With the polarization and passion involved in this presidential election season, people everywhere are expressing their opinions and advocating for their favored candidates in both national and local elections. The pursuit of social justice, the imminent presidential election and the passing of Justice Ruth Bader Ginsberg are major political and social events that will spark debate. Sometimes however even the most well-intentioned social or political statements at the workplace can provoke and alienate others or can at least create tension and distract your employees. These discussions often happen in the privacy of one’s own den at home, but when they happen at work, the employer may have a problem. Employers however do not have to surrender or lose control of their workplace or the productivity of their workers due to the political expressions of their employees. Employers should reduce the risk of employee claims and maintain employees’ productivity through lawfully-composed and evenhandedly-enforced employee policies.
The U.S. Constitution does not limit the authority of private employers to regulate the speech of employees at work. Nor does the Constitution provide employees of a private employer with a right to express their political opinions at work. On another day, we may address the differences in the boundaries for a public employer, but the focus of this piece is on private employers where there is no general right of free speech when employees report to work. Employees, as citizens of the U.S., have the rights of all citizens to express themselves in a public forum, but they have no such rights when they are at work.
Many employers have policies providing guidelines or restrictions on the expressions of political views by employees at work. The common, even primary, motivation of such policies is to avoid a hostile workplace for employees and avoid claims of a hostile work environment or unlawful discrimination. Political topics often revolve around issues of race, gender, immigration, religion, family values and many other subjects. When such expressions are unlimited at work and an employee feels victimized by a co-worker’s statements, a complaint may be forthcoming. Then, the outcome of the investigation of the complaint can set the table for a complaint of discrimination or unlawful retaliation. For example, employees may wear candidate buttons or have political, cultural, or social justice slogans or imagery on their lunchbox. Then, a co-worker may complain about the statements as racist/sexist/ageist political expressions. When the investigation of the complaint concludes that the wearing of such symbols was not against the law or any company policy, the employee who made the rejected complaint will likely allege discrimination or retaliation if they are subject to discipline later on. Therefore, many employers simply choose to avoid such conflict and the risks and potential liabilities by prohibiting any politics at work.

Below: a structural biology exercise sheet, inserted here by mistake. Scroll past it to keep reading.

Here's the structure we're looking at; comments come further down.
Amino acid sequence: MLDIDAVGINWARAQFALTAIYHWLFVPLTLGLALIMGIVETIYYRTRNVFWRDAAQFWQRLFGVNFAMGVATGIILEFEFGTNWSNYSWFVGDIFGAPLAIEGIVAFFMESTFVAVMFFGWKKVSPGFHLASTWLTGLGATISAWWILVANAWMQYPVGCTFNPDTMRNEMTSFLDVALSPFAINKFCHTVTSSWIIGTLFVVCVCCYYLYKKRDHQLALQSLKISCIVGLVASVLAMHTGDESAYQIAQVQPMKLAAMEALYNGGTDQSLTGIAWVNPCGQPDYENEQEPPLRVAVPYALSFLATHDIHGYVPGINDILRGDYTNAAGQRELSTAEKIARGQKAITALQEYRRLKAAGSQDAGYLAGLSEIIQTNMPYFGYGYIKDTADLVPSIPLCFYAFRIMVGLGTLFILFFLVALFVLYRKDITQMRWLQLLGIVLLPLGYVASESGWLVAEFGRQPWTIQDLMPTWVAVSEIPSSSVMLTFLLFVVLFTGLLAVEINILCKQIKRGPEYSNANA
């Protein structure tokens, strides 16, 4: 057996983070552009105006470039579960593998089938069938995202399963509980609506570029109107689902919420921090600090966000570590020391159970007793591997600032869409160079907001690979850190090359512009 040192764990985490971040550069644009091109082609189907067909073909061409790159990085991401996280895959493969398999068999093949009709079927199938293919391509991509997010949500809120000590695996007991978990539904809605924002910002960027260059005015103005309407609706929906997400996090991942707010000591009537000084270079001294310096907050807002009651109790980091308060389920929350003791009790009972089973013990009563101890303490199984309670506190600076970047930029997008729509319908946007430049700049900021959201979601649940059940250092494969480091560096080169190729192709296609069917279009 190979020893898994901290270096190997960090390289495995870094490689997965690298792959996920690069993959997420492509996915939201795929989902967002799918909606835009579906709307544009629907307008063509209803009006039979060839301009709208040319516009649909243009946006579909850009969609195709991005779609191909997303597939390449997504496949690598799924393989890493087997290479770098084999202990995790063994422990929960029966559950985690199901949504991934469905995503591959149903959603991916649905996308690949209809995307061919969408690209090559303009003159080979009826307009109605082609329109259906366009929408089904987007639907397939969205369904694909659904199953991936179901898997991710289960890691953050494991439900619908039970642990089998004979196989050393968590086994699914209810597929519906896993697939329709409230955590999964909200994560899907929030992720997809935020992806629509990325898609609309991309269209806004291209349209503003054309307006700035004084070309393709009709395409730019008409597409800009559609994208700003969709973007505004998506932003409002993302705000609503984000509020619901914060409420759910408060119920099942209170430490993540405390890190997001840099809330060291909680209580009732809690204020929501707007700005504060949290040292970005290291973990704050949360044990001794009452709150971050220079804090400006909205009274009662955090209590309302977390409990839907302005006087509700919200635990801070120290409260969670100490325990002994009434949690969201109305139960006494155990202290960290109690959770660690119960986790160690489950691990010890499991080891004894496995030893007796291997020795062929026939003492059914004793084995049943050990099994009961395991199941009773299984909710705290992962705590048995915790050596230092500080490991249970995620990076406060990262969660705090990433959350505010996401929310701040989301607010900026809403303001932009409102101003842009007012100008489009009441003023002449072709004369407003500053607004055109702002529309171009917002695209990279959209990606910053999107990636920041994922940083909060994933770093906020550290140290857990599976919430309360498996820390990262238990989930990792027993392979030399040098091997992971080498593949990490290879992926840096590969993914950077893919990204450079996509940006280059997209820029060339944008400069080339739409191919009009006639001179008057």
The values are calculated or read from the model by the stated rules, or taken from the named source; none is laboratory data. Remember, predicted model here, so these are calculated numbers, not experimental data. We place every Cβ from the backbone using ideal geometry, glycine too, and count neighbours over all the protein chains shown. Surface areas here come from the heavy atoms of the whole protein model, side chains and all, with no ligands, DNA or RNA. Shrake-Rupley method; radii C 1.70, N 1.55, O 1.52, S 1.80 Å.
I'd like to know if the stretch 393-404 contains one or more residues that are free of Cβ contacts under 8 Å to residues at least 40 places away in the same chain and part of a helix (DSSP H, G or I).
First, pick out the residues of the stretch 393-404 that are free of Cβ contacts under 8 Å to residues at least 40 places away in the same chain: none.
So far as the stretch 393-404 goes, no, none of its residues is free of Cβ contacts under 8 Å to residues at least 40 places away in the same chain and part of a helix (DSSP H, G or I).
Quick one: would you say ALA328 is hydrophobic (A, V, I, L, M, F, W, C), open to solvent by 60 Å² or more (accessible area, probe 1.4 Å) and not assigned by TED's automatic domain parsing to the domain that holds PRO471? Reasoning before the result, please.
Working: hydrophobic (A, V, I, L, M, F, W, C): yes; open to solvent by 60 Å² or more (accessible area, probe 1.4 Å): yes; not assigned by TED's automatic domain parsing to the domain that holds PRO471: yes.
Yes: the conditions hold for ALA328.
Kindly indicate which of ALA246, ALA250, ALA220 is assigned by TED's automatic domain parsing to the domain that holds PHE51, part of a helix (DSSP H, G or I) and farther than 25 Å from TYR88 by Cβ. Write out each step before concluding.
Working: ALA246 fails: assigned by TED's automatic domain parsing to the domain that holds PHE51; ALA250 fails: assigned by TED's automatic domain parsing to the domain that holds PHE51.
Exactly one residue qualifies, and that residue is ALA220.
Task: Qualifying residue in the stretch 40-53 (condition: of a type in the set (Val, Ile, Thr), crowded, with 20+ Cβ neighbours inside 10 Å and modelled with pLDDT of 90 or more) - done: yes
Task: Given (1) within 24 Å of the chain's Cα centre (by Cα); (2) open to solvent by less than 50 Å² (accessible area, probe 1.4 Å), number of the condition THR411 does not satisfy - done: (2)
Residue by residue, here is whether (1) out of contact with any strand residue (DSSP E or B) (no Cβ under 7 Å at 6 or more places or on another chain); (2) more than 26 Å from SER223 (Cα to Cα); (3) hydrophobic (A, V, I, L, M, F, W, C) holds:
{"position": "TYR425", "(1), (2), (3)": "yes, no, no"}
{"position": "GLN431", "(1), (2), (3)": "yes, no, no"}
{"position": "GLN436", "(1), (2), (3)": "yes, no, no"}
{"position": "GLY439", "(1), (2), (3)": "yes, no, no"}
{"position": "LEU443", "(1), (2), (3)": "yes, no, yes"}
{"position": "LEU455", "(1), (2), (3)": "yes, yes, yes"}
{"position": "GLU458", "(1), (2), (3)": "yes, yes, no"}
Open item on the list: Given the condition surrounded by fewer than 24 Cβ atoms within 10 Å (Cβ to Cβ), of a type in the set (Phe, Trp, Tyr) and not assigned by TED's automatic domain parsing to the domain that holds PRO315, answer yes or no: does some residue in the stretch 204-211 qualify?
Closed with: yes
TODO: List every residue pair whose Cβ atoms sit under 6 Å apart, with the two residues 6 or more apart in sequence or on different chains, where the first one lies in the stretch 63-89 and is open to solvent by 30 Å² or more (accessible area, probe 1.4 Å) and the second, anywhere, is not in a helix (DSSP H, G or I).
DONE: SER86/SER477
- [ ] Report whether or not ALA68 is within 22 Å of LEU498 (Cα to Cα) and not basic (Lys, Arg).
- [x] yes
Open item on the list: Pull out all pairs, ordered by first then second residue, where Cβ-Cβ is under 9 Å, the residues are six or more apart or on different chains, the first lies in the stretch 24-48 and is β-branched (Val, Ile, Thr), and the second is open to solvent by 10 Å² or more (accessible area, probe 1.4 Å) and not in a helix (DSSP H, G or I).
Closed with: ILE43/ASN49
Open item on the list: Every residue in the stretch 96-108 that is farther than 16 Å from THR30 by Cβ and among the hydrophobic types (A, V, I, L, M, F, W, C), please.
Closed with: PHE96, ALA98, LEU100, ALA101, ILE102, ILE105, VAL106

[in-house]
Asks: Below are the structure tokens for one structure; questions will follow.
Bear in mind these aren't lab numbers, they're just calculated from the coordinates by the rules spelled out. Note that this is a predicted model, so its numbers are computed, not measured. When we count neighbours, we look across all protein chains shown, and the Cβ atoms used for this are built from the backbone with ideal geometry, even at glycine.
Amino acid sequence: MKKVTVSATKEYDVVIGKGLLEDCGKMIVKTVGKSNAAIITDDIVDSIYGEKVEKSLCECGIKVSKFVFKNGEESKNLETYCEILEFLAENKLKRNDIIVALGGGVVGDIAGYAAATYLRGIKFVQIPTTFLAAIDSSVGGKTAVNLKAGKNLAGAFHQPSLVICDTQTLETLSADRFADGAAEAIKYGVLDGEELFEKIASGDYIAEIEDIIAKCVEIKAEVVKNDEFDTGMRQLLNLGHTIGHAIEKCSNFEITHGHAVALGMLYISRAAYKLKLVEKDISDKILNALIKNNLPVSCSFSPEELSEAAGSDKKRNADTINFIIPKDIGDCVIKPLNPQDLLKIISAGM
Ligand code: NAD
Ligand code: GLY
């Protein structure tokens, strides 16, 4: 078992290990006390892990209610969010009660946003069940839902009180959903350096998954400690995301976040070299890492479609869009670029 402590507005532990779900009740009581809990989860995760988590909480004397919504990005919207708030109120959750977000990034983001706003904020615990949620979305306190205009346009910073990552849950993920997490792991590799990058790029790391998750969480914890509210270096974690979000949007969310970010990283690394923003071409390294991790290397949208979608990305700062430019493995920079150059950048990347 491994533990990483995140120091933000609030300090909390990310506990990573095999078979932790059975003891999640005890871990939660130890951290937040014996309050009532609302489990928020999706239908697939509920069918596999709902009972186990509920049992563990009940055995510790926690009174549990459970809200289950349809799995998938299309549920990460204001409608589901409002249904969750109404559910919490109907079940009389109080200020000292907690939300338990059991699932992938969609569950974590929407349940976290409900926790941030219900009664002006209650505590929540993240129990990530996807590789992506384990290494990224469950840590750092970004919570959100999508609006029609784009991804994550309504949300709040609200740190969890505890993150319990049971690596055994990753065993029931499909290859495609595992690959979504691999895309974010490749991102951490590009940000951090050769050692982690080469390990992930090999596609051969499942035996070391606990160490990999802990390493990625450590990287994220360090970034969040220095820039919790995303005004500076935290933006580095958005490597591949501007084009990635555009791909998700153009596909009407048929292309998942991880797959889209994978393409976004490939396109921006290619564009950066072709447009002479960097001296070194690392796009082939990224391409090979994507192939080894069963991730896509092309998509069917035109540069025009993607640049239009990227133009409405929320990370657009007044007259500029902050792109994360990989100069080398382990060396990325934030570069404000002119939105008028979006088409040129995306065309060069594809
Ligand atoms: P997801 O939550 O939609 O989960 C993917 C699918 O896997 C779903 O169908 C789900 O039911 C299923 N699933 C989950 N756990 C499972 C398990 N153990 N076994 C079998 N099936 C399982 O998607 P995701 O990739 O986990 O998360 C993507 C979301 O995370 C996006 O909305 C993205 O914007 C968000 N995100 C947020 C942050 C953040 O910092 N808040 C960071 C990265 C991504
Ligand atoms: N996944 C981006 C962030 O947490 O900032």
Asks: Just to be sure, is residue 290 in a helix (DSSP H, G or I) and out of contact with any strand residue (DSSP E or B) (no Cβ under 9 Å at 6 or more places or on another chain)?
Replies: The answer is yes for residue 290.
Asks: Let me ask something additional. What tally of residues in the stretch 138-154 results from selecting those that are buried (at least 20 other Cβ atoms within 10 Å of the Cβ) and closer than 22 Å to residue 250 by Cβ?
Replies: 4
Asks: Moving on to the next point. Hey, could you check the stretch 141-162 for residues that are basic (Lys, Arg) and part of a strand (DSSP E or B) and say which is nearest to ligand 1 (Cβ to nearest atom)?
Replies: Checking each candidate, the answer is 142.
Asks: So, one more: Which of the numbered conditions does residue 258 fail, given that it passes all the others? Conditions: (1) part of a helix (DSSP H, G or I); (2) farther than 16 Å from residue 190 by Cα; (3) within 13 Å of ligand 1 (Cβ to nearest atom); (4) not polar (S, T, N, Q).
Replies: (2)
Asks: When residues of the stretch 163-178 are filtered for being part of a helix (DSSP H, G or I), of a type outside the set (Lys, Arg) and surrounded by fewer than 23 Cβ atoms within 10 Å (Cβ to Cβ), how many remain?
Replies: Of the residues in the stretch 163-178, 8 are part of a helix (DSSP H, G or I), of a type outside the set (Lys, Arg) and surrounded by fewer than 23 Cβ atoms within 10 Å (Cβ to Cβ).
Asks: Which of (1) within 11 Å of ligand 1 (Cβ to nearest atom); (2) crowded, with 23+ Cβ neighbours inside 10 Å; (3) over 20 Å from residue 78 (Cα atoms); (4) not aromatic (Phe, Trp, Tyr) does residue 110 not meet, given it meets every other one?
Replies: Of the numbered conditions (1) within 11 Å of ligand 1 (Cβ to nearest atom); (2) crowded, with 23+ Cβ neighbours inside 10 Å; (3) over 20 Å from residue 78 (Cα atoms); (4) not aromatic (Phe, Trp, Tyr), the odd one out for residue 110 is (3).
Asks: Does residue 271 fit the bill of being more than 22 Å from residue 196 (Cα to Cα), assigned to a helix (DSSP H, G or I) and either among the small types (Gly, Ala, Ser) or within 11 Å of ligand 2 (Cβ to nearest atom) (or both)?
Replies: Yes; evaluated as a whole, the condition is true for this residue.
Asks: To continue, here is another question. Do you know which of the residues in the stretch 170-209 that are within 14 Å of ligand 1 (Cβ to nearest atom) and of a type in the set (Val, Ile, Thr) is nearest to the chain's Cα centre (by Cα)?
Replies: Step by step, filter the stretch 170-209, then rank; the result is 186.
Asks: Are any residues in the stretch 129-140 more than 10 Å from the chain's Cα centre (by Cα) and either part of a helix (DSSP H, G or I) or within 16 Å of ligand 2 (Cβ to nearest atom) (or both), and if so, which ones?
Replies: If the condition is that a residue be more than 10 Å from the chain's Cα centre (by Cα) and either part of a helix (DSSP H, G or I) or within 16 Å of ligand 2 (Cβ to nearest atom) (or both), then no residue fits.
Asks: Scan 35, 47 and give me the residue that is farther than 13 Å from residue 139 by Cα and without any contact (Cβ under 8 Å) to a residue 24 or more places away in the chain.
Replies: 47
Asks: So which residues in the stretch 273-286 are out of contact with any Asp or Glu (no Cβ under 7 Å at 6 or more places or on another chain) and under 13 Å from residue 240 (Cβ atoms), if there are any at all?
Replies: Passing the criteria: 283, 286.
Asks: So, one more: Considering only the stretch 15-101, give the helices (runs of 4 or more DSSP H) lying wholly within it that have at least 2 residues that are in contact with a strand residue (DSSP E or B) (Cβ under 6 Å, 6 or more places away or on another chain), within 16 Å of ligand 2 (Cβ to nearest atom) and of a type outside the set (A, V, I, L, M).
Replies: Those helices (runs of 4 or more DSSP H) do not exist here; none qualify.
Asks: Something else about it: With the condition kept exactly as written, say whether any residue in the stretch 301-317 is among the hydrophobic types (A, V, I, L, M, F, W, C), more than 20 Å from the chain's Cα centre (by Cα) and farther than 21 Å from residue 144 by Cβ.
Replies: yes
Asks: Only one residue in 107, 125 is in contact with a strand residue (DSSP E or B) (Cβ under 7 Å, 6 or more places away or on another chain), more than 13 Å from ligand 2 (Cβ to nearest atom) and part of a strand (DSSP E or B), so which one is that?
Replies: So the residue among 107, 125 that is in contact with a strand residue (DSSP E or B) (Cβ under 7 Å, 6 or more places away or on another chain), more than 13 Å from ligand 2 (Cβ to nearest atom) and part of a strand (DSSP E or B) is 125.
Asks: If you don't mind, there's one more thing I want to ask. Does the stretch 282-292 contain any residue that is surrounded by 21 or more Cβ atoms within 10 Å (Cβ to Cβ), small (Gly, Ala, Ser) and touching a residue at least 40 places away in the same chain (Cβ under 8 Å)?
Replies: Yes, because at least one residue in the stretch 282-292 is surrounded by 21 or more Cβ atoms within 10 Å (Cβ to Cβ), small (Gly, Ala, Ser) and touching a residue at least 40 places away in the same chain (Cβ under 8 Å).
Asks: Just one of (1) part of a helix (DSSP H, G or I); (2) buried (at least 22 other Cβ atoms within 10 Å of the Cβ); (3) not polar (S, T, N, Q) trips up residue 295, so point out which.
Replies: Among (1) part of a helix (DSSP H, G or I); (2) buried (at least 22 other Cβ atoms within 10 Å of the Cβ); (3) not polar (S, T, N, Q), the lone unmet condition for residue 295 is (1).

We are all conscious of some legal limitations on the content of such workplace policies. The National Labor Relations Act (“NLRA”) restricts employers in the prevention of workers’ expressions and communications about hours, wages, benefits and/or the other terms or conditions of employment during non-work times in non-work areas. The limitations imposed by the NLRA apply both to union and non-union employees. When a worker communicates in an appropriate manner and does not interfere with production activities of the business, he or she is engaging in “protected concerted activity” when the opinions are about terms or conditions of employment. When workers’ statements are reasonably made to improve the working conditions of themselves and other workers, their expressions are protected. In addition to the NLRA, many states have laws that protect the citizens of that state in expressing political views at work. These state laws contain labels like “off-duty behavior,” “free speech,” and “political activity” and provide protections not afforded to workers by the laws in other states or even by federal law. As a result, all employers, but especially multi-state employers, should develop policies that account for the variations in state law.
Finally, there is a misconception that employees have a legal right to wear political buttons and distribute election materials even at the office or plant. While we must be cognizant of compliance with the NLRA, various state laws and the federal or state discrimination laws, employers generally have the legal authority to prohibit employees, while at work, from a) using company computers to express their thoughts on social media, b) wearing shirts, buttons or other articles advocating for political candidates or causes, c) soliciting financial contributions for political candidates or issues; d) disseminating political materials around the company offices, and e) displaying issue-oriented or campaign signs, symbols or literature. The application of such rules requires sensitivity to the various legal boundaries, but such rules may still have value in the workplace.
Employers should consider the circumstances of their own workplace and whether the election season presents risks for lost productivity, workplace conflict, and/or complaints of discrimination, harassment and retaliation. If these circumstances may develop, it could be time to provide guidance to your workers through written policies, and of course the uniform application of the policies.
Shareholder David Smith participated in a national webinar on politics in the workplace presented by the Employment Law Alliance (ELA) on October 27, 2020. This webinar is available on demand here.
Please reach out to your contacts in the Firm's Labor and Employment Practice if you have any questions concerning your employment policies and obligations.
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